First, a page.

The dual-review film criticism site: first a spoiler-free review, then an in-depth Alternate Take.
Touchy Feely

Reviewed by Anna Reynolds Cooper.

Director Lynn Shelton
Length 88 mins
Certificate 15
Rating *****-----
Filmmaking: 3  Personal enjoyment: 2

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How do you make a film about the sense of touch?

This seems the utterly simple premise behind Touchy Feely, a quiet, quotidian drama set in a glistening, lonely Seattle. Massage therapist Abby (Rosemarie DeWitt) wakes up one day to find that she is repulsed by human skin, causing her to spiral into a crisis. Meanwhile her brother Paul (Josh Pais), a bumbling dentist, suddenly finds himself with a healing touch that brings hordes to his previously foundering practice. Paul’s daughter, Jenny (Ellen Page), connects to people by cooking for them; the camera lingers on her hands as they work lovingly in the kitchen. Each character in this small, intimate family undergoes a kind of crisis of touch.

The film has its moments, aided by director Lynn Shelton’s gorgeous editing. Shelton’s signature style, in which striking shots of Washington landscapes slowly unfold in a series of subtly asynchronous jump cuts, is in perfect form here. I can think of few directors who so successfully evoke the everydayness of a city, and Shelton’s staunch regionalism - she was born in Seattle and all her feature films are quite emphatically set there - is something I wish we would see more of in American cinema.

Unfortunately, the film is not Shelton’s best work. Her first widely released feature, Humpday (2009), had a delightful warmth, depicting a bromance between two aging college friends as their relationship is thrown into tailspin by a sexual dare. Her second, Your Sister’s Sister (2011), was simply stunning in its depiction of the development of an alternative family through an unexpected turn of events in a Puget Sound vacation house.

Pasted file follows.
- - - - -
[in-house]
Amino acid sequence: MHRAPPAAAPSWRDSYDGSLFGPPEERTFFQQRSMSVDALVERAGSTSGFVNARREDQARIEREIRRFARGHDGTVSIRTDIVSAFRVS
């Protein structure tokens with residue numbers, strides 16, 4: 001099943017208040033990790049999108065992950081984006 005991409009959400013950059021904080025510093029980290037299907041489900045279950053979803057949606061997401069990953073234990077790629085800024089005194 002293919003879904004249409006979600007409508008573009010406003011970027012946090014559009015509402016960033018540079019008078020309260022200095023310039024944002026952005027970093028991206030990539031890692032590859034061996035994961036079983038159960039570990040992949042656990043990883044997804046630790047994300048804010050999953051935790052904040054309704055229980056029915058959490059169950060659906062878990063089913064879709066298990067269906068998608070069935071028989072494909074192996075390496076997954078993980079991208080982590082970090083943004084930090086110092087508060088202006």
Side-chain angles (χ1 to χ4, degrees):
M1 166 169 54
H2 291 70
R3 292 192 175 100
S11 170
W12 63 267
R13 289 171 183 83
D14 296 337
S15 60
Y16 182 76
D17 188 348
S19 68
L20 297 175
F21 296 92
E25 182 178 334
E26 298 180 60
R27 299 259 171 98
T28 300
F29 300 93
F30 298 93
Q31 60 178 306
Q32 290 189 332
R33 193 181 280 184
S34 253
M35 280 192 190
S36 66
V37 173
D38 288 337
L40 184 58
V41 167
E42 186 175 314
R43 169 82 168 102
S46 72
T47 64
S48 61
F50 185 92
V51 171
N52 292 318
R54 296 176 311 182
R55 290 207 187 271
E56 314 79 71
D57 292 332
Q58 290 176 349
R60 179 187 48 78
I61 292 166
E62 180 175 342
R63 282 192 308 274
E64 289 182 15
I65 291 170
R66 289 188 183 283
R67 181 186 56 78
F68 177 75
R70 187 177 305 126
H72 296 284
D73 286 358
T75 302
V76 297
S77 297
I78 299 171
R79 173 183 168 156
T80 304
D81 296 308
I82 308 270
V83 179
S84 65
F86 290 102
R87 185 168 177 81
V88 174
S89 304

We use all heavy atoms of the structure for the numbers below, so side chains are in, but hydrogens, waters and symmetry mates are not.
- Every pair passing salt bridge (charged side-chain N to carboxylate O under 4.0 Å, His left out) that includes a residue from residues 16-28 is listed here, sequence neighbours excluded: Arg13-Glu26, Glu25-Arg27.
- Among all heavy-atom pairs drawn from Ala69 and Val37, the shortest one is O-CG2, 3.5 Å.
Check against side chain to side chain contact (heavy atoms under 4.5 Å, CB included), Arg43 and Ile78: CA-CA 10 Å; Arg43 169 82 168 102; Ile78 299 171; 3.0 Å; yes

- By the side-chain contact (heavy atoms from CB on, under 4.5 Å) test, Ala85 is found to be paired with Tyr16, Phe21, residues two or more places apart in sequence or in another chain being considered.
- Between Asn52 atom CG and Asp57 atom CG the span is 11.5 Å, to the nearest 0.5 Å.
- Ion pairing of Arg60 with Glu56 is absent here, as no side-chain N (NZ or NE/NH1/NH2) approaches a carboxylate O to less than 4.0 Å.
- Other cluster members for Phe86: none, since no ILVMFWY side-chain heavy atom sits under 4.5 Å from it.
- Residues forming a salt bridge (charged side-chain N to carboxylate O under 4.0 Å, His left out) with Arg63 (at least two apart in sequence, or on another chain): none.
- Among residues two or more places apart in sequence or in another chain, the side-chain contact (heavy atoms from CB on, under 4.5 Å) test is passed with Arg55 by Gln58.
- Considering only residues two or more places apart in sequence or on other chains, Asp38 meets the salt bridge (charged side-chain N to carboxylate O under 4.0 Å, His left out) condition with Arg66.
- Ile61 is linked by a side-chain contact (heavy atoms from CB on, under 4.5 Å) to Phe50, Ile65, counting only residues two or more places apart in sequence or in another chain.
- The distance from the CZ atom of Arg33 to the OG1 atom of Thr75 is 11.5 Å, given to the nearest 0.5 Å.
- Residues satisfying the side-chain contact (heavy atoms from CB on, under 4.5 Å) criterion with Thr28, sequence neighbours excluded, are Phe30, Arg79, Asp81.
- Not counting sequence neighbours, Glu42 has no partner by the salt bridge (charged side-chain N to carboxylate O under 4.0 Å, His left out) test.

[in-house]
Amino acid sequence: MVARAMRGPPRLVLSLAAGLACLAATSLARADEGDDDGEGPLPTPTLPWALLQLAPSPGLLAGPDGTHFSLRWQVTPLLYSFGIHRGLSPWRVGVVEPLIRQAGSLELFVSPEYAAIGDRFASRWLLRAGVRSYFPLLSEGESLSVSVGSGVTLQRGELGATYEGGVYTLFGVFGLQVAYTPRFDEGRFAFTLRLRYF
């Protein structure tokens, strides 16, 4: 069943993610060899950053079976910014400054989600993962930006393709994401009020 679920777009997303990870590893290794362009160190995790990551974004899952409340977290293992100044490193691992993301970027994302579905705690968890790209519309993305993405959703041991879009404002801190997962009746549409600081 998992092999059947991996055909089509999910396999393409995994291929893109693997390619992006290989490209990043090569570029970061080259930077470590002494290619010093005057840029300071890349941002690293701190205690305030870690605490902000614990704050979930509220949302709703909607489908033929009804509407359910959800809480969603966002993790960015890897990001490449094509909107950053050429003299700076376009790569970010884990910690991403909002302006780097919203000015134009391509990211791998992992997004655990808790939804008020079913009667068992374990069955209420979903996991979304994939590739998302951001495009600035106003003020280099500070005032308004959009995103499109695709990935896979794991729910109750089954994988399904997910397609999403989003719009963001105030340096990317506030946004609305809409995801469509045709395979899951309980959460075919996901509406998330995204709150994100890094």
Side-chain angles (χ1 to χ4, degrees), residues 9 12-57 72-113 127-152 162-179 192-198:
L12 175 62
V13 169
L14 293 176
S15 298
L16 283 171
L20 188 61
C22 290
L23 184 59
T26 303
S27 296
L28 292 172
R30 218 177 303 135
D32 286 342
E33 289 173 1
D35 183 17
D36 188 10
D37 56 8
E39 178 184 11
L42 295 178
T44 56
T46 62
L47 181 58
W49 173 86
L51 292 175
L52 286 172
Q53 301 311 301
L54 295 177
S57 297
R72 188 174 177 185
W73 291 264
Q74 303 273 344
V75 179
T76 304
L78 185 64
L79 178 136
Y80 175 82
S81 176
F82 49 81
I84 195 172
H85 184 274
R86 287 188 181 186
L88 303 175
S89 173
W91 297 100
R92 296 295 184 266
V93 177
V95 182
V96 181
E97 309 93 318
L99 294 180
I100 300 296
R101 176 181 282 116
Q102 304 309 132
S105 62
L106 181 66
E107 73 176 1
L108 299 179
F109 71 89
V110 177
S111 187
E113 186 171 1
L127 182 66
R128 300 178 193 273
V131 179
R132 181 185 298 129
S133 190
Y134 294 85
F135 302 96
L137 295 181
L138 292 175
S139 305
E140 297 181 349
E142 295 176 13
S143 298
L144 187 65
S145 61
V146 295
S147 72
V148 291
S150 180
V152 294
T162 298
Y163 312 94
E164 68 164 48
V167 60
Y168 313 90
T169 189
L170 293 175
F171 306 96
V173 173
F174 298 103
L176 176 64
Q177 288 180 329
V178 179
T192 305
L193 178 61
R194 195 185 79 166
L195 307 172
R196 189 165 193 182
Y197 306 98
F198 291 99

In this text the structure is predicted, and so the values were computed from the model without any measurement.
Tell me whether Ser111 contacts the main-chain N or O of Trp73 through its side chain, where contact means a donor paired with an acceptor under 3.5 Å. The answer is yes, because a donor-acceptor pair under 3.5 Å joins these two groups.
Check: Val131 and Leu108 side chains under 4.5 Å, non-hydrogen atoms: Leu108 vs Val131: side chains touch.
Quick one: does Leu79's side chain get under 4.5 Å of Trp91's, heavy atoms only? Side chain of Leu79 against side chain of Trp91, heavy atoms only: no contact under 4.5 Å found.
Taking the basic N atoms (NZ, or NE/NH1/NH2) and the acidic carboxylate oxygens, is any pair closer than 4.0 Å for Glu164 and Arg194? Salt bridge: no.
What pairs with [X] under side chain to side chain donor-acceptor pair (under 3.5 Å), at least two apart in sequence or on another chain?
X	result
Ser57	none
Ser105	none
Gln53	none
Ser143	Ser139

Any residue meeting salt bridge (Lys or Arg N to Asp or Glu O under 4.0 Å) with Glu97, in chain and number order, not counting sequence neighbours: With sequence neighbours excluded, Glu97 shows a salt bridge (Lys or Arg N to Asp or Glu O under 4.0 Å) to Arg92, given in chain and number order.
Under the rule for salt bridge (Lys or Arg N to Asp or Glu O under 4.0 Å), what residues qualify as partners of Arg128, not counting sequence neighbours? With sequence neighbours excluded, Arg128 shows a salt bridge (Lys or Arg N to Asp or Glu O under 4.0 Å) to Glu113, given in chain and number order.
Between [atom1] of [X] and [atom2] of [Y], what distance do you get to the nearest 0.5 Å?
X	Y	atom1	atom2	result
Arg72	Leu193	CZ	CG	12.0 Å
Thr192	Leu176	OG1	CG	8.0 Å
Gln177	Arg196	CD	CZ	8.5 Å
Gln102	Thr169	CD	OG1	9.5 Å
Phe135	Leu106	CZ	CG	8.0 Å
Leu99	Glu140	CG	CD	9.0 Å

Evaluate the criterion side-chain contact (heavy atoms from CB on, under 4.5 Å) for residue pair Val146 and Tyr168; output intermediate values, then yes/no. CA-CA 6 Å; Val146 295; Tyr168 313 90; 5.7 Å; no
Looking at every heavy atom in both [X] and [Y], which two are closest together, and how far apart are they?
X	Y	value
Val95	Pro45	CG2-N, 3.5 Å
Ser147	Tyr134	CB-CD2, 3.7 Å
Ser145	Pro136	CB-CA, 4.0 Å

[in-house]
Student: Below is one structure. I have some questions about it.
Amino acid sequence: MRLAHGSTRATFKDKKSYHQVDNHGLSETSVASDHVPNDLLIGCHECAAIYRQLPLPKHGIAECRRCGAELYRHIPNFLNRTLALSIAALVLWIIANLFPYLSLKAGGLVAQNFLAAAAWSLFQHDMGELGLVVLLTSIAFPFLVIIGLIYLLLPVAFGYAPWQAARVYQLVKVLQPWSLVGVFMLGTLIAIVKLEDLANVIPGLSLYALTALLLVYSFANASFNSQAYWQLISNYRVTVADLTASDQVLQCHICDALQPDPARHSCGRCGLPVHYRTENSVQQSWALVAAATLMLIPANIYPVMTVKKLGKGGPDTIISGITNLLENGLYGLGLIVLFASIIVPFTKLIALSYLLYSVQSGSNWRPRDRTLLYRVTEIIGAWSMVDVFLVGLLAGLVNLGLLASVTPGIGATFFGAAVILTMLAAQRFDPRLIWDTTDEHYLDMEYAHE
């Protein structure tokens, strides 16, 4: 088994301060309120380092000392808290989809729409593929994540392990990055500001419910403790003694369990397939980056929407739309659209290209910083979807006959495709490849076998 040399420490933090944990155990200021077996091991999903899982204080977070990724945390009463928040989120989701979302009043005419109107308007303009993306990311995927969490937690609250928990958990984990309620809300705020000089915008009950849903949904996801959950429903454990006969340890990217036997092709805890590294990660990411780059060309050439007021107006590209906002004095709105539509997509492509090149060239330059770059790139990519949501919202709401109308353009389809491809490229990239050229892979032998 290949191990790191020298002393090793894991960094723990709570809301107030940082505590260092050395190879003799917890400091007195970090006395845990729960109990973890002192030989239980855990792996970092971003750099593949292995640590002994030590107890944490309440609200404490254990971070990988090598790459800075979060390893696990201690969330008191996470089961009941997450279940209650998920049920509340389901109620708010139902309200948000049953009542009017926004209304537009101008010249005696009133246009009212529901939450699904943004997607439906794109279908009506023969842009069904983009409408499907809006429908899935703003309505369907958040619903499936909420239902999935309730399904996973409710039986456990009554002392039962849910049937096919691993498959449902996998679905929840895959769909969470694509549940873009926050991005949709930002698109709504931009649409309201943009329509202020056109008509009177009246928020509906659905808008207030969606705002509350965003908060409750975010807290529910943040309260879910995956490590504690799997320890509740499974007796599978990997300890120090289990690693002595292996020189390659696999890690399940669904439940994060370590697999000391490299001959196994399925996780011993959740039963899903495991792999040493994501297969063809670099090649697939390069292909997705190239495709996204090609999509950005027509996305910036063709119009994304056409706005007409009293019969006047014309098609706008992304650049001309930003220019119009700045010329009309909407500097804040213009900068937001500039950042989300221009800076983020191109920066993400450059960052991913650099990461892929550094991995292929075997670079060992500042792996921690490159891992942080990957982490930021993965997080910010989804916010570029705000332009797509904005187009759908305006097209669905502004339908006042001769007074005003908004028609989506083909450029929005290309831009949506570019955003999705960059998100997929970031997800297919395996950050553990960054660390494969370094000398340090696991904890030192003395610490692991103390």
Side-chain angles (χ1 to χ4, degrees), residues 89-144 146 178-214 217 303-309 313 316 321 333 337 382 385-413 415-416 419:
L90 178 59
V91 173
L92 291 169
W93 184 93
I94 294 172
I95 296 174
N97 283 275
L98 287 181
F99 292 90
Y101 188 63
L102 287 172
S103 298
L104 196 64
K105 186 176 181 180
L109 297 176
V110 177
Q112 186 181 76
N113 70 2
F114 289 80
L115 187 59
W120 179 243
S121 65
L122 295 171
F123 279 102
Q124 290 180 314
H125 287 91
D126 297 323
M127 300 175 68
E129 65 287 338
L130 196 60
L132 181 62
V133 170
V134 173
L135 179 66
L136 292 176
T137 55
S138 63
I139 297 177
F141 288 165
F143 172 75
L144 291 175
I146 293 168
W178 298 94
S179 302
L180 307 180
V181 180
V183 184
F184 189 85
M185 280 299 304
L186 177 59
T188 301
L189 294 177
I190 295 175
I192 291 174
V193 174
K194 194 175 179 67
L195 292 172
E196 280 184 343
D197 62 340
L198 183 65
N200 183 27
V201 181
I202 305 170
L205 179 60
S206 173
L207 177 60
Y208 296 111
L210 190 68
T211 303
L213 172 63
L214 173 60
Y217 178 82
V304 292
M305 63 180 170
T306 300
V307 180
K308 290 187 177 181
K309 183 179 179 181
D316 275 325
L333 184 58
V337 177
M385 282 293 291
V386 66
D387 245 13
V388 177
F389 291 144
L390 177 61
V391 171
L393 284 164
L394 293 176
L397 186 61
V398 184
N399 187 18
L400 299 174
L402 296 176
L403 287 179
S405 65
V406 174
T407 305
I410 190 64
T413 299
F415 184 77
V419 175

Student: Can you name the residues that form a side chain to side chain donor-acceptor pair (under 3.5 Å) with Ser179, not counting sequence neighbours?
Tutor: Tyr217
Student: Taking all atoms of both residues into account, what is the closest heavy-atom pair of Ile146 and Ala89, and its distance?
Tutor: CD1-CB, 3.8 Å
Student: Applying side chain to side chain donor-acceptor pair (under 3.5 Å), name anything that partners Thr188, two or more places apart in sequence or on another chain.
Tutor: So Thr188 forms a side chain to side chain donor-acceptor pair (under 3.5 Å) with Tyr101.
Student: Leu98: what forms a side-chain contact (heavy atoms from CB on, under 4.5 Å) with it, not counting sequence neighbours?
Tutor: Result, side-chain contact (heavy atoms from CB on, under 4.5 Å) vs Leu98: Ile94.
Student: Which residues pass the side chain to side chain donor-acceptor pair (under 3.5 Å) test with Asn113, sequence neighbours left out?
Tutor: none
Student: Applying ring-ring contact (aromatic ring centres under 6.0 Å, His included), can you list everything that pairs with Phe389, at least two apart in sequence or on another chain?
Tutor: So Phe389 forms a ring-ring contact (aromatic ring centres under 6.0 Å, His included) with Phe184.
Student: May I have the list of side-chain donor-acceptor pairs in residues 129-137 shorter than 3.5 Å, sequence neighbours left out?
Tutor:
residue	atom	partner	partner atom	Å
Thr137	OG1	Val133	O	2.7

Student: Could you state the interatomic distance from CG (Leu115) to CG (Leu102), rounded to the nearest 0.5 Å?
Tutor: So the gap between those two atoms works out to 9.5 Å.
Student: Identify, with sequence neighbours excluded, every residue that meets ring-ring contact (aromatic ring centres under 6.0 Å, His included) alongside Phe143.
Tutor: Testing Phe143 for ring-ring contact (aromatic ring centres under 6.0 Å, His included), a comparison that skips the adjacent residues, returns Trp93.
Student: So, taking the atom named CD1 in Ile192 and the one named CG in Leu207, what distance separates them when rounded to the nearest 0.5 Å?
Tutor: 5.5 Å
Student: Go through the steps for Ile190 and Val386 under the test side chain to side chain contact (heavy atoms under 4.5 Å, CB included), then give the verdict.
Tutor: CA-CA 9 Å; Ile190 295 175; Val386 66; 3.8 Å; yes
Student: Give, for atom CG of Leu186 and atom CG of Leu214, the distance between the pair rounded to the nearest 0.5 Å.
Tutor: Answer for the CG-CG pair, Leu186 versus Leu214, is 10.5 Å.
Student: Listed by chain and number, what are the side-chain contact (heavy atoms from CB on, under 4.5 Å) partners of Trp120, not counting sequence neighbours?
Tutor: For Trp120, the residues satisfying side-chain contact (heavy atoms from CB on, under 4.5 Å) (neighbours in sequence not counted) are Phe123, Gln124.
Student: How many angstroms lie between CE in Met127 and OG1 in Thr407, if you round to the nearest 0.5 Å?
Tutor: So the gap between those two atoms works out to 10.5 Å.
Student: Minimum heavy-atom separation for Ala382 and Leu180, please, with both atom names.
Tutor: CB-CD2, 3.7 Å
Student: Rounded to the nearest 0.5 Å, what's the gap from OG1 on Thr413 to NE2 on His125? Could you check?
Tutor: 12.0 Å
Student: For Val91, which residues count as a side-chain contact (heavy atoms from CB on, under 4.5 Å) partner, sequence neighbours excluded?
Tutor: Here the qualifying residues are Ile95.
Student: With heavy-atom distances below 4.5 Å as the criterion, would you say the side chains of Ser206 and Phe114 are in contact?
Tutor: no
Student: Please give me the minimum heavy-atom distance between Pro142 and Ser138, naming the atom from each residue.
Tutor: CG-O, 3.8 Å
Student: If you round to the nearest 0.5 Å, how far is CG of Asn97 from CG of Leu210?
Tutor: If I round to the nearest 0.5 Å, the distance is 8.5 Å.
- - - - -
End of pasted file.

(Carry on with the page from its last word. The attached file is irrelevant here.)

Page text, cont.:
Touchy Feely has many of the same strengths as these two wonderful films - they each contain the same quietly intense emotional tenor amidst daily Seattle life - yet it somehow does not hang together as well here. For one thing, each storyline feels underdeveloped; we want to see more of the developing romance between Jenny and Henry (played by the captivating newcomer Tomo Nakayama), of Abby’s crisis in her relationship with Jesse (Scoot McNairy), of Jenny’s desire to go to cooking school. Although brevity is a virtue, the film sometimes veers into the outright confusing in its desire to be economical. Without more solid storytelling, Shelton’s characteristically slow unfolding of the plot can veer into the ponderous.

Worse is the performance of Josh Pais as Paul, who stole almost every scene he was in - but in the worst possible sense. In the film’s opening scenes, I kept puzzling over whether Paul was supposed to have an intellectual disability: he is so slow of speech, so stiff of body, so awkward and dull that the young, lost Jenny seems to be virtually his caretaker (It is never explained what happened to her mother). Later on, his acting style wanders into a soft, campy gayness that also doesn’t really make sense.

The film does end satisfyingly, and its shimmering slowness stays with you for hours after you leave the cinema. However, the unifying concept - the sense of touch - does not really serve to unify the film and feels a little heavy-handed, like it has been imposed on these characters from without.

If I was disappointed with Touchy Feely, however, it is largely because Shelton’s previous films set the bar so high - and so I will end with a plug: you should queue them up on Netflix, and keep an eye out for her new film Laggies, to be released this fall.

This review was published on May 25, 2014.